In a widely criticized decision this past week, the Nevada State Athletic Commission suspended controversial mixed martial arts and Ultimate Fighting Championship fighter Nick Diaz five years and fined him close to $150,000.  The suspension stems from a failed post-fight drug test in January in which one of the three tests Diaz provided tested positive for marijuana metabolites.

Much of the Commission’s inquiry focused on Diaz’s attitude, past disciplinary actions, and seemingly complete lack of remorse, rather than on questions surrounding the process of the failed test.  For Diaz, who is a card carrying medicinal marijuana user, this was his third failed drug test for marijuana, which is still considered a performance enhancing drug in Nevada.  He has also been involved in several other provocative situations which the Commission cited to, such as a post-fight brawl involving one of his teammates in 2010.  The crux of the Commission’s decision focused on the fact that Diaz misrepresented himself in a pre-fight questionnaire by declaring that he had not ingested marijuana prior to the fight, with at least one commissioner recommending a lifetime ban.

In his defense, Diaz’s attorneys tried to focus on the failings involved in the drug testing process, pointing to the fact that within the same night Diaz passed two of the three drug tests he was given.  They even called a medical expert who noted that the results were “implausible.”  Still, the Commission felt that even the one test was indication enough that Diaz had lied on his pre-fight questionnaire and had improperly used marijuana prior to his fight.  Immediately following the decision, Diaz’s attorneys insisted that they would be challenging the ruling in court, and seemed confident that such a forum would find the Commission had abused their discretion in imparting such a hefty fine and suspension (one of, if not the, the largest and longest, even going so far to accuse the Commission of making things personal against Diaz and referring to it as a “kangaroo court.”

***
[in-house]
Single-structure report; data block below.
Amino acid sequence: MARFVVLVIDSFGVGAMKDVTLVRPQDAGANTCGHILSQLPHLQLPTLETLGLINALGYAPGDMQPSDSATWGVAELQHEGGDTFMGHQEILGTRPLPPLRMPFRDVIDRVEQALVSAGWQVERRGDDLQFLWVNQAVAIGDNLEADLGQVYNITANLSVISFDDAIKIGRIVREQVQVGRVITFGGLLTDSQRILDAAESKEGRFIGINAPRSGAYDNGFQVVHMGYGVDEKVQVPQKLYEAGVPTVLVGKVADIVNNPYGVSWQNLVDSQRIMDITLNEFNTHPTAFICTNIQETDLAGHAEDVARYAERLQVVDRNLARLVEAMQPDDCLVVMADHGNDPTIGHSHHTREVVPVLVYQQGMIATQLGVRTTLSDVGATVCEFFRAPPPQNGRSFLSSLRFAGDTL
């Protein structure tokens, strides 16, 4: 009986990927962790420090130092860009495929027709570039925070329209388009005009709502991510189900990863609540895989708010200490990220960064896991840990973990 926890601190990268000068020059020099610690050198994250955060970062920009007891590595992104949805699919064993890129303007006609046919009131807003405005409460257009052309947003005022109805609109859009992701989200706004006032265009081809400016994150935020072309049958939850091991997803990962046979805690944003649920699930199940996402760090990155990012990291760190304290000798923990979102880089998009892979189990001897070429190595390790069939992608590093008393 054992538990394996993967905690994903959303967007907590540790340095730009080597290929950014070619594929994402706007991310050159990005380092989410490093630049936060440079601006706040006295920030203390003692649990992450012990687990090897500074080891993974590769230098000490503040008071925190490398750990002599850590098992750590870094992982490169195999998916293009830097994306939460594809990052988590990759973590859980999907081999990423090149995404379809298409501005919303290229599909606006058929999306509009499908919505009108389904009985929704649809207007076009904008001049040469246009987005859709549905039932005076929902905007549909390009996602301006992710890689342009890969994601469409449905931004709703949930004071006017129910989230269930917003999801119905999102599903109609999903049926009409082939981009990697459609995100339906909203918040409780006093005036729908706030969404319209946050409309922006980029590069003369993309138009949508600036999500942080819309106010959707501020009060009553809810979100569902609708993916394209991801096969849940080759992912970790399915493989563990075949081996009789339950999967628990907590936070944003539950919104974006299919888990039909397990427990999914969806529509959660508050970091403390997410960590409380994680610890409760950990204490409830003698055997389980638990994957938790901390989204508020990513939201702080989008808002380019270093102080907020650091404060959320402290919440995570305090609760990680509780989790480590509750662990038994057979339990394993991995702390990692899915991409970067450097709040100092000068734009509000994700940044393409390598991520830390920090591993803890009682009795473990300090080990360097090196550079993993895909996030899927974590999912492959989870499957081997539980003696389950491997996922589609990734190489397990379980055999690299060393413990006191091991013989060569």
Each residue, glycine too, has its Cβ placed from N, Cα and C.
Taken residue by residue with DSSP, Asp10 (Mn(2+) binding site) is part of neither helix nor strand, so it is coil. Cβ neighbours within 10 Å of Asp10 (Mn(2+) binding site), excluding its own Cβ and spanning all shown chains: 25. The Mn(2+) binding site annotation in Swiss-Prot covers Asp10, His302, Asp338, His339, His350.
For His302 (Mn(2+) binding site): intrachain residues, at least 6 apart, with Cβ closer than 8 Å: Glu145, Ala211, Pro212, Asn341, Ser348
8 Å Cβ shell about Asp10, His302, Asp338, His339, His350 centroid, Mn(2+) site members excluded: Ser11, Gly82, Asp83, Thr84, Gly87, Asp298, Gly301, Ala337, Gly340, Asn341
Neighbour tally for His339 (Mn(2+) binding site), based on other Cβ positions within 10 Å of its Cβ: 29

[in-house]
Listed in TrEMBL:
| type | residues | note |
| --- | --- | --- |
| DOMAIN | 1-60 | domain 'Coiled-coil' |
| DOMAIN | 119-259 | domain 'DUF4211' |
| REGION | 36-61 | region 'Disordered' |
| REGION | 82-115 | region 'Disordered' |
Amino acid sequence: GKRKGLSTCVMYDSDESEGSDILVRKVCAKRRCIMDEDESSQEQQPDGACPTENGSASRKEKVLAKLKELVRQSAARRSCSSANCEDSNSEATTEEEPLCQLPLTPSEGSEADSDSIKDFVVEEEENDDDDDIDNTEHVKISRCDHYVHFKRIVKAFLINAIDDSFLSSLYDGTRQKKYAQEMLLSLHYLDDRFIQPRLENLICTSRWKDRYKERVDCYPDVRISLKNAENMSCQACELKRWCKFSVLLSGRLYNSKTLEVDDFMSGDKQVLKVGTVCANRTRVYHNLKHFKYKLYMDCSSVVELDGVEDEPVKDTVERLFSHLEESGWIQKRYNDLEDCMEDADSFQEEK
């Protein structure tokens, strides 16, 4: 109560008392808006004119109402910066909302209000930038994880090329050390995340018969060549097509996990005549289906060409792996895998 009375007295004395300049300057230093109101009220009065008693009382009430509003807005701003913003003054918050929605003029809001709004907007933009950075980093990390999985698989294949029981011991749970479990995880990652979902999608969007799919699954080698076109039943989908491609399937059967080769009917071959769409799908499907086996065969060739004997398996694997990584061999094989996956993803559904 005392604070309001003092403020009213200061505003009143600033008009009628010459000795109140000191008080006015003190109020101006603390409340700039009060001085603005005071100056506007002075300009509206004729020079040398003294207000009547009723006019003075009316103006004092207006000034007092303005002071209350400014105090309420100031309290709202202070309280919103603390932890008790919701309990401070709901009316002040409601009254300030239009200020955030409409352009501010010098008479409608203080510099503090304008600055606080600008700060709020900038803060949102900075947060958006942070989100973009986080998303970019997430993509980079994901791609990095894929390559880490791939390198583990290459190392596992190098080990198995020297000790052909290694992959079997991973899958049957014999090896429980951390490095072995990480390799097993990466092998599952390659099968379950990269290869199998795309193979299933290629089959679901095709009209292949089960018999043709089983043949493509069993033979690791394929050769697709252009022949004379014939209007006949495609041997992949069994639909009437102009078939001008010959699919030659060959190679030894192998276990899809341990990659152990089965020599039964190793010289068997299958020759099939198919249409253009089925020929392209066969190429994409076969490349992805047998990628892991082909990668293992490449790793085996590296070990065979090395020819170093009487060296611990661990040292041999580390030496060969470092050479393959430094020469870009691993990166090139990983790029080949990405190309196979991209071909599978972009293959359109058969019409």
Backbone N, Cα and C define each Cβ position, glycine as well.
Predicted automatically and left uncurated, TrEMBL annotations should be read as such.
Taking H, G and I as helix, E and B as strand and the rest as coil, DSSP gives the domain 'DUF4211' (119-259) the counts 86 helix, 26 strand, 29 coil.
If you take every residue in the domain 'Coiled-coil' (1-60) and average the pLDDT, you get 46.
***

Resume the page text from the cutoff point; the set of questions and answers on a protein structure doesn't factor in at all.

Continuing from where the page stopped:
Reaction to the hefty suspension has been largely one sided, with fighters and media members alike taking to twitter to criticize the commission.  Much of the disapproval has focused on the categorization of marijuana as a performance enhancing drug, while others have emphasized the absurdity that Diaz’s opponent also failed a drug test, for steroids, and received a suspension one fifth as long.  Regardless, it will be interesting to see how a court will view the contentious decision in future proceedings.

Kevin Cavino

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